Paul’s speech to the Ephesian elders is remarkable. Here is my own table of the parallels between his discourse and his epistles.

KEY TERMS, CONCEPTS AND PRACTICES IN PAUL’S SPEECH

IN ACTS 20:17-38 AND HIS EPISTLES

Acts 20:17-38 Epistles
1 Serve as slave (19) Serve as slaves (Rom. 12:11; 14:18; 16:18; Col. 3:24; 1 Thess. 1:9; 1 Tim. 6:2)
2 Repentance (21) Repentance (Rom. 2:4; 2 Tim. 2:25; 2 Cor. 12:21)
3 Faith in Jesus (21) Faith in Jesus (Rom. 3:22, 26; Gal. 2:16, 20; 3:26; Eph. 1:15; Phil. 3:9; Col. 1:4; 1 Tim. 3:13; Phm. 5)
4 Ministry received from Lord Jesus (24) Ministry from God (Rom. 11:13; 2 Cor. 4:1; 5:18; 1 Tim. 1:12)
5 Grace of God (24, 32) Grace (Rom. 4:16; 5:21; 2 Cor. 4:15; 9:14 Gal. 2:21; 3:18 and so on)
6 Gospel (24) Gospel (Rom. 1:1, 9, 16; 15:16, 19; 2 Cor. 2:12; 9:13; Eph. 1:13; and so on)
7 Kingdom of God (25) Kingdom (Rom. 14:17; 1 Cor. 4:20; 6:9-10; 15:24, 50; Eph. 2:2; 5:5; Col. 1:12, 13; 4:11; 1 Thess. 2:12; 2 Thess. 1:5; 2 Tim. 4:1, 18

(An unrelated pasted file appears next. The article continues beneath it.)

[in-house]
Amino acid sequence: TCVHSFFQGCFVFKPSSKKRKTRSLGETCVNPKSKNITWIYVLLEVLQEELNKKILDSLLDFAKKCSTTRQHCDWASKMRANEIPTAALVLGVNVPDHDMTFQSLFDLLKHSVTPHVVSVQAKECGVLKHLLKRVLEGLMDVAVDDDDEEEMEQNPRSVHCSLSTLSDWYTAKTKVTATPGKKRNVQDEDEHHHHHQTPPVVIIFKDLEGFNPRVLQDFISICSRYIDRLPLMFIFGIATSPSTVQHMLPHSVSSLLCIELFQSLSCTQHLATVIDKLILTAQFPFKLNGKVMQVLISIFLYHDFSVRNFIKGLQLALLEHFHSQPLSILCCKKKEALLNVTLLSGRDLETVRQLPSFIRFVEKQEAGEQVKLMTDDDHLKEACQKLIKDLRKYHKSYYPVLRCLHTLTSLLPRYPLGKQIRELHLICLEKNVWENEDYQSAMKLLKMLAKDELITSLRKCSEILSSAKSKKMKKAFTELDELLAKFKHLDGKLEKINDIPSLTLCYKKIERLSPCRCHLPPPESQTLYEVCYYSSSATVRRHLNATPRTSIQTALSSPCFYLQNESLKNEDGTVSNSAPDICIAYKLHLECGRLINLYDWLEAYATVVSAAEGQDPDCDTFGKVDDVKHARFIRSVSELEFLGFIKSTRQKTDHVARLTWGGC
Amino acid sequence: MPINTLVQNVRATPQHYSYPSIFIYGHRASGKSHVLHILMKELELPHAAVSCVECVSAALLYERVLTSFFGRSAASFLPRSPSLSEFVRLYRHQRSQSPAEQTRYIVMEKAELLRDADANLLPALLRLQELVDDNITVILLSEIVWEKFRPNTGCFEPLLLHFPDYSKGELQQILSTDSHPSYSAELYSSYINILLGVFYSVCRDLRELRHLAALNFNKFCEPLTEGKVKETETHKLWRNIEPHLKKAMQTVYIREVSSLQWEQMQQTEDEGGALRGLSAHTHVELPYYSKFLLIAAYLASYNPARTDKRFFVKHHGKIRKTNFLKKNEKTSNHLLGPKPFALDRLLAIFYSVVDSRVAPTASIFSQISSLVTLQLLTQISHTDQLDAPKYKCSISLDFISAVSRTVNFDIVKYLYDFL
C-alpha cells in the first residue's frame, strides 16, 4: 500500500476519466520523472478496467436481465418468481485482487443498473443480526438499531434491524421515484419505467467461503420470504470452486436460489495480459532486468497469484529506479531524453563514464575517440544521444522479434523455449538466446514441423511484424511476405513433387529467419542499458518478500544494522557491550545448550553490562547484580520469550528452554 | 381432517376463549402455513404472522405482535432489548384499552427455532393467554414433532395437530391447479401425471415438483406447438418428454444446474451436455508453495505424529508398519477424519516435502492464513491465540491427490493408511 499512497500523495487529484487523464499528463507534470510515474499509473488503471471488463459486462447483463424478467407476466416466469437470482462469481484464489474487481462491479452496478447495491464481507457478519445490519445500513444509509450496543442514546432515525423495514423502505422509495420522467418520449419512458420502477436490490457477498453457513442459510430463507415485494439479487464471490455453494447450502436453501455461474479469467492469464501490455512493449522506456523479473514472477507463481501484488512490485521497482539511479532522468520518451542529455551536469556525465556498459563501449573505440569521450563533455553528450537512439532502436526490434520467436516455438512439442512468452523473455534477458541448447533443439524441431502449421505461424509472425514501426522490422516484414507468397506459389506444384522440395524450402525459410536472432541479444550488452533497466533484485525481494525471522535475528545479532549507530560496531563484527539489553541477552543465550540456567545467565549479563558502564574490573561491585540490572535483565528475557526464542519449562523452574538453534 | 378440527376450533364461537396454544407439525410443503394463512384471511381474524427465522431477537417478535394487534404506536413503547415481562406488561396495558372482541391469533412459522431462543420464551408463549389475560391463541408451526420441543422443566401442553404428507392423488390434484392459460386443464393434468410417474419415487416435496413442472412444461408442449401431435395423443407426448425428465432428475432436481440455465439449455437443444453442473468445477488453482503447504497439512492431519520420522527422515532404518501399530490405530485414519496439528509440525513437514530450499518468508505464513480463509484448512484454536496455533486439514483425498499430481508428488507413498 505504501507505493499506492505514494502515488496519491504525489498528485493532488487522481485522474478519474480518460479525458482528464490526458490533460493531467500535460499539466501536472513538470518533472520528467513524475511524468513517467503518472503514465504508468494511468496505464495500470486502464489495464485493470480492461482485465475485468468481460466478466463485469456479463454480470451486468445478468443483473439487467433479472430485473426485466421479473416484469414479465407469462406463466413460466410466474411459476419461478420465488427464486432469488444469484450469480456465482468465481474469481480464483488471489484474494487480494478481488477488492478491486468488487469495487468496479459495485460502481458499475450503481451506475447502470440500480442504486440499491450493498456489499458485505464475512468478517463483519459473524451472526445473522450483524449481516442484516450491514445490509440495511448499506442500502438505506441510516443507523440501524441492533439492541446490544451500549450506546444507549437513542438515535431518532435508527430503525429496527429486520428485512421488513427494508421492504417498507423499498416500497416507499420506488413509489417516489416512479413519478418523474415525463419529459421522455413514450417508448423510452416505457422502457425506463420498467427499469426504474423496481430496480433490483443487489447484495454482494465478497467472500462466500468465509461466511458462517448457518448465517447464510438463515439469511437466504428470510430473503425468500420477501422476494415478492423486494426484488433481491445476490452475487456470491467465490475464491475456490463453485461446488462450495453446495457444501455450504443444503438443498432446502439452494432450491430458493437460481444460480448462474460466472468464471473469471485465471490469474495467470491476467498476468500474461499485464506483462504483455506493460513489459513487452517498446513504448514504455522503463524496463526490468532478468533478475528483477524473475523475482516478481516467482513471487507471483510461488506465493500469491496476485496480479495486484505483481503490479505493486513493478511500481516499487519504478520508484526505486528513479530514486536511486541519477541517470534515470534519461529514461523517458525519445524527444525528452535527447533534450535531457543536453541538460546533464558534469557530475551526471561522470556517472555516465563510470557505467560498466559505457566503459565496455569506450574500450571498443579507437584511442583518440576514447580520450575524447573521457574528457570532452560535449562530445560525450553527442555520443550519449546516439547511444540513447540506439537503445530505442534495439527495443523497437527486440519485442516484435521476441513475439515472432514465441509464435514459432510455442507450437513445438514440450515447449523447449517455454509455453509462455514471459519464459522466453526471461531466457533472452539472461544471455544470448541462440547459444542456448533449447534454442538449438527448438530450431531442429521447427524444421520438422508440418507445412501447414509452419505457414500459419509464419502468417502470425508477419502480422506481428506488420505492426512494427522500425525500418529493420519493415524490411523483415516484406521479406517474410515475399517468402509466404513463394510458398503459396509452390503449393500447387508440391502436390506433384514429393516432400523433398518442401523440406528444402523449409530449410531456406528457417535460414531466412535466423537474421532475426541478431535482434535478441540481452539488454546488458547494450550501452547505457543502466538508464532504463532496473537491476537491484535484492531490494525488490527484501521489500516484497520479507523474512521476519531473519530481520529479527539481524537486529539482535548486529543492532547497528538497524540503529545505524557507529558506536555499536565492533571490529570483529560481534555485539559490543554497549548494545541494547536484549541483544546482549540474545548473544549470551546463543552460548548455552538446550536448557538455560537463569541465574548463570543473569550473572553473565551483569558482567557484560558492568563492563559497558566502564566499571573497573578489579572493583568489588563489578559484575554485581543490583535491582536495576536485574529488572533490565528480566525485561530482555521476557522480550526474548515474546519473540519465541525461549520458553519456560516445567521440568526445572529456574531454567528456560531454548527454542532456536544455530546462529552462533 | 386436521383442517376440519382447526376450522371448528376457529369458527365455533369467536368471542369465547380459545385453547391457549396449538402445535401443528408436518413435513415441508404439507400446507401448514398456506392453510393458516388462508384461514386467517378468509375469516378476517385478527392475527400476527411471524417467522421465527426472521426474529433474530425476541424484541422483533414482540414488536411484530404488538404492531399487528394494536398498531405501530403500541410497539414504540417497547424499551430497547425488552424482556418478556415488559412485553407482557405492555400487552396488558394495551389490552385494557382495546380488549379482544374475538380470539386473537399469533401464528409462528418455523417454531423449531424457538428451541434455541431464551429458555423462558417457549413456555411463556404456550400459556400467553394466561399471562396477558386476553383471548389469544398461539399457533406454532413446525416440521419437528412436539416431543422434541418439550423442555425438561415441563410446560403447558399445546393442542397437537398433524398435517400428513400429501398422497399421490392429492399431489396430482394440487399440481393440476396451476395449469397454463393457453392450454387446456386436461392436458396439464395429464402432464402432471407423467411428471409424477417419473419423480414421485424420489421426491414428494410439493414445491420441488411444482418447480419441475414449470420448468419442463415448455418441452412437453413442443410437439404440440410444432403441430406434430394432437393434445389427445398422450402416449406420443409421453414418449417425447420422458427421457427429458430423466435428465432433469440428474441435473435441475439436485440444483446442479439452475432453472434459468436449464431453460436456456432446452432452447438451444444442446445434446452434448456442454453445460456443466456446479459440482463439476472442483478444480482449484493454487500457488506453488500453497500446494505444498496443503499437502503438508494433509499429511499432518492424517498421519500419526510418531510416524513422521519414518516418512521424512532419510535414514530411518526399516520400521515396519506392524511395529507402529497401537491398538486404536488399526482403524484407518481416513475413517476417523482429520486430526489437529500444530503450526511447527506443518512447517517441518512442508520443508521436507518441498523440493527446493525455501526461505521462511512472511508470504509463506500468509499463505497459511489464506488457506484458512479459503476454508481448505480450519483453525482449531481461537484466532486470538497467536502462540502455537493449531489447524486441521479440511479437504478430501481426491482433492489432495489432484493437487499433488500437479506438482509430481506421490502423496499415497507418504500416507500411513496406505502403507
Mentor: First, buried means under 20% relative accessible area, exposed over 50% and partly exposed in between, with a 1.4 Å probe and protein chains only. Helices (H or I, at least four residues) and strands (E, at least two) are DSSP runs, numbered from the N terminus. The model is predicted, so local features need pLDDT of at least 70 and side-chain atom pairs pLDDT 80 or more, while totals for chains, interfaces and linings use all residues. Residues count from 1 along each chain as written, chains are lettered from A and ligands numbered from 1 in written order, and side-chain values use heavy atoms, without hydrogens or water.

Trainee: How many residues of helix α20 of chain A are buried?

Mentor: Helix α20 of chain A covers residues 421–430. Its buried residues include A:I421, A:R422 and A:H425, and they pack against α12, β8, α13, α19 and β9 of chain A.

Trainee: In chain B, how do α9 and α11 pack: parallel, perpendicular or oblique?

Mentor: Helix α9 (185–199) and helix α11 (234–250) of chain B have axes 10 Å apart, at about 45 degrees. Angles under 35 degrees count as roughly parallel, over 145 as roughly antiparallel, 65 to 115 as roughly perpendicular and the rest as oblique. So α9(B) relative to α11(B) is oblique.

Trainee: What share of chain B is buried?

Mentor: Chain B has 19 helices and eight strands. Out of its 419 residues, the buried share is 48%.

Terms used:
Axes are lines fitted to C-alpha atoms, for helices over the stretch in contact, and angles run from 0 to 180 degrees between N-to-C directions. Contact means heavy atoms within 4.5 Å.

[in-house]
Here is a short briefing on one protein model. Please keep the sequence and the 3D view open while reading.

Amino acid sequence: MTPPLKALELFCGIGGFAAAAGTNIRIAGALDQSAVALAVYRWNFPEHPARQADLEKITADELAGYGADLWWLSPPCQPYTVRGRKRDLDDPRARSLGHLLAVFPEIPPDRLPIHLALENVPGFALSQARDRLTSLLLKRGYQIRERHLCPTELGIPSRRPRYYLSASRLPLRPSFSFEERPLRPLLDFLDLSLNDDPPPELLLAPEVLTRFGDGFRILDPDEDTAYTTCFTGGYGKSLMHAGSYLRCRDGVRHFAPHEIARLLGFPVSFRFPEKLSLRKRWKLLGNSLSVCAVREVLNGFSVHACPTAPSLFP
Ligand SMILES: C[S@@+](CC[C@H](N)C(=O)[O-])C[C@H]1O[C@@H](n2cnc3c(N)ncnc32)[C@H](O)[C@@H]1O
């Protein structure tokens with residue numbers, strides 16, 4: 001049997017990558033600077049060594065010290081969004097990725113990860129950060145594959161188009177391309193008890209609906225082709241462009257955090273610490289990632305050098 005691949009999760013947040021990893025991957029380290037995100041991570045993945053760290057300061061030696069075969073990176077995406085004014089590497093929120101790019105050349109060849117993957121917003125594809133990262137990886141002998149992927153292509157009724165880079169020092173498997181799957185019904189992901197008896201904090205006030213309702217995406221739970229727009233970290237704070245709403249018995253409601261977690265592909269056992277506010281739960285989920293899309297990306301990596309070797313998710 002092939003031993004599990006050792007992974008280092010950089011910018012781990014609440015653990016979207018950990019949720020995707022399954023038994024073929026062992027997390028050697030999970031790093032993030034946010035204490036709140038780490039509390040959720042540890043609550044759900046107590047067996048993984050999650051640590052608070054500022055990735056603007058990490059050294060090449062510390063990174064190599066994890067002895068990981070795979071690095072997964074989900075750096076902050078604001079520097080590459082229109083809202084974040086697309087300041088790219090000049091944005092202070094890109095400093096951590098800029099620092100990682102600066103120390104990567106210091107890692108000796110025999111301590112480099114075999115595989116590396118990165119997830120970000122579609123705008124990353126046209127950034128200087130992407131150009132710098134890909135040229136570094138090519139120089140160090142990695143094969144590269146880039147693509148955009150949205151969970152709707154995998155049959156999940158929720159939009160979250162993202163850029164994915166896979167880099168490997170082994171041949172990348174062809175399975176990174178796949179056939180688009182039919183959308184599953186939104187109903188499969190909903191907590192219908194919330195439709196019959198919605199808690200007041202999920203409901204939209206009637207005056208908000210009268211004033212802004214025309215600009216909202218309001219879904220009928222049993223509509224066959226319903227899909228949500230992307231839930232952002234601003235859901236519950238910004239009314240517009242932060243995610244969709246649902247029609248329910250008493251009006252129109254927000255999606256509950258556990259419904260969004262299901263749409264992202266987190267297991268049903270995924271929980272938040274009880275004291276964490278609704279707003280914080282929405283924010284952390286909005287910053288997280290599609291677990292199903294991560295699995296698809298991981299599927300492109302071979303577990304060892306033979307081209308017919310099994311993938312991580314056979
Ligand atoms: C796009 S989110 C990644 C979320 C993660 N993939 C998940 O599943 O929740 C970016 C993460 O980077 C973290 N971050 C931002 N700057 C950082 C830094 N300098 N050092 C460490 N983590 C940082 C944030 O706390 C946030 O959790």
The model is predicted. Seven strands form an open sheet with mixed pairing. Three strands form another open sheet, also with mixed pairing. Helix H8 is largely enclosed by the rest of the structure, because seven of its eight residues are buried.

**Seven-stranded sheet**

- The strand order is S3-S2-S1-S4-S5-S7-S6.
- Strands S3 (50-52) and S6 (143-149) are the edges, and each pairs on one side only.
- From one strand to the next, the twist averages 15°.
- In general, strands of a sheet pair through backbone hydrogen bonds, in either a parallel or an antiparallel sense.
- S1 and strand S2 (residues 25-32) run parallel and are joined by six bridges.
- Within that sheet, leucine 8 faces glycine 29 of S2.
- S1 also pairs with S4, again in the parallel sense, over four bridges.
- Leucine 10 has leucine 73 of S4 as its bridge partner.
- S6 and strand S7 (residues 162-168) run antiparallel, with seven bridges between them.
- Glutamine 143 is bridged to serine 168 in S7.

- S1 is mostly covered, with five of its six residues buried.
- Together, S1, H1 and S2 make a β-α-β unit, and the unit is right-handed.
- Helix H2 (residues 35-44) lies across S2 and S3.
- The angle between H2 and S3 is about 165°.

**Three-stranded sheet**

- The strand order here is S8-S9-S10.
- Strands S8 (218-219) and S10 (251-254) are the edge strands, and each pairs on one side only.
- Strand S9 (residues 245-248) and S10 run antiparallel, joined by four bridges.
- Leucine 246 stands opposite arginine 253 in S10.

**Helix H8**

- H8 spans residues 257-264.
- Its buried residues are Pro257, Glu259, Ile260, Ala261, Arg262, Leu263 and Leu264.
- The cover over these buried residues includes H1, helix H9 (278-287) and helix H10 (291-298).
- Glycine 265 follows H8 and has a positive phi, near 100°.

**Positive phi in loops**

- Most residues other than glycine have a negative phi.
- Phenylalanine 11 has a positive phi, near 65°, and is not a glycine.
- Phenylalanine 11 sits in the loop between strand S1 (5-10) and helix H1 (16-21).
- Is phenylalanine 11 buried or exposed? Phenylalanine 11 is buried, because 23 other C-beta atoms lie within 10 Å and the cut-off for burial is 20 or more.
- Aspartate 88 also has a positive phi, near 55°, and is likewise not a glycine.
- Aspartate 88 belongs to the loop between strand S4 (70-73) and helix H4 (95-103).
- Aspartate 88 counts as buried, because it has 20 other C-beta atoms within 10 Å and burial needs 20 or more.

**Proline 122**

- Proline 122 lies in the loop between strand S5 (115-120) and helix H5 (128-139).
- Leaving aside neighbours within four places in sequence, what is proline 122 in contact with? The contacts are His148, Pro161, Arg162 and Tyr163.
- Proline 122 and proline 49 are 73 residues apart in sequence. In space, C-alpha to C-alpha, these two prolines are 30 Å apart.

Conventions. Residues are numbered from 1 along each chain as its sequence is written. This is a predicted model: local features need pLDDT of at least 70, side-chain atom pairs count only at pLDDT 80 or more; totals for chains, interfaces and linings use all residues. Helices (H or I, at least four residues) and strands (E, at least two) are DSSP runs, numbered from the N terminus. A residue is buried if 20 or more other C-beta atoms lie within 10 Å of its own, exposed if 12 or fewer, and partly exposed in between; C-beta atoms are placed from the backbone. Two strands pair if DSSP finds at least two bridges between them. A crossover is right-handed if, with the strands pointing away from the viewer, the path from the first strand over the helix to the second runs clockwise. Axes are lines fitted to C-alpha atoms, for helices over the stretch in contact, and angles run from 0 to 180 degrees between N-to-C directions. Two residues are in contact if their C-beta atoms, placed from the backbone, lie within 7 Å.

8 Counsel of God (27) Counsel of his will (Eph. 1:11)
9 Overseers appointed (28) Overseers (Phil. 1:1; 1 Tim. 3:2; Tit. 1:7)
10 Obtained (purchased, redeemed) church (28) Purchased, redemption of people (1 Cor. 6:20; 7:23; Gal. 3:13; 4:5 (the verb differs by the idea is the same); Eph. 1:14
11 Church is ekklēsia (28) Church is ekklēsia (Rom. 16:1, 4, 5, 16, 23; Eph. 1:22; 3:10, 21 (and so on)
12 Blood sacrifice of God / Christ (28) Blood sacrifice of Christ (Rom. 3:25; 5:9; Eph. 1:7; 2:13; Col. 1:20)
13 Warning (31) Warning (Rom. 15:14; 1 Cor. 4:14; Col. 1:28, 3:16, 1 Thess. 5:12, 14; 2 Thess. 3:15; Tit. 1:11.)
14 Build up, edify (32) Build up, edify (Rom. 14:19; 15:2, 20; 1 Cor. 3:9; 8:1, 10; 10:23; 14:3, 4, 5, 17; 2 Cor. 5:1; Gal. 2:18; 1 Thess. 5:11)
15 Inheritance (32) Inheritance, inherit (Rom. 4:13, 14; 8:17; Gal. 3:18, 29; 4:1, 7; Eph. 1:14, 18; 5:5; Col. 3:24; Tit. 3:7)
16 Sanctify (32) Sanctify (Rom. 15:6; 1 Cor. 1:2; 1:30; 6:11; 7:14; Eph. 5:26; 1 Thess. 5:23; 2 Thess. 2:13; 1 Tim. 4:5; 2 Tim. 2:21)
17 He did not covet gold or silver or clothing He did not use ministry as a mask for greed (1 Thess 2:5 1 Tim 3:3, 8; Titus 1:7, 11).
18 Worked with his own hands (34) Work with his / your hands (1 Cor. 4:12; 9:12; 2 Cor 11:7; 12:13; Eph. 4:28; 1 Thess. 2:9; 4:11; 2 Thess. 3:7-8)
19 Remember the weak and poor (35) Help the week and poor: (Rom. 15:1; 1 Thess. 5:14; Eph. 4:28; Gal. 6:2)
Paul delivered this speech in a pastoral setting, not as legal defense nor a polemical speech in an unconverted and sometimes hostile environment. Luke heard it, and it sounds like Paul in his epistles, so Luke was accurate.

TOTAL NUMBER OF UNITS

222

BONUS TABLES

TABLE 1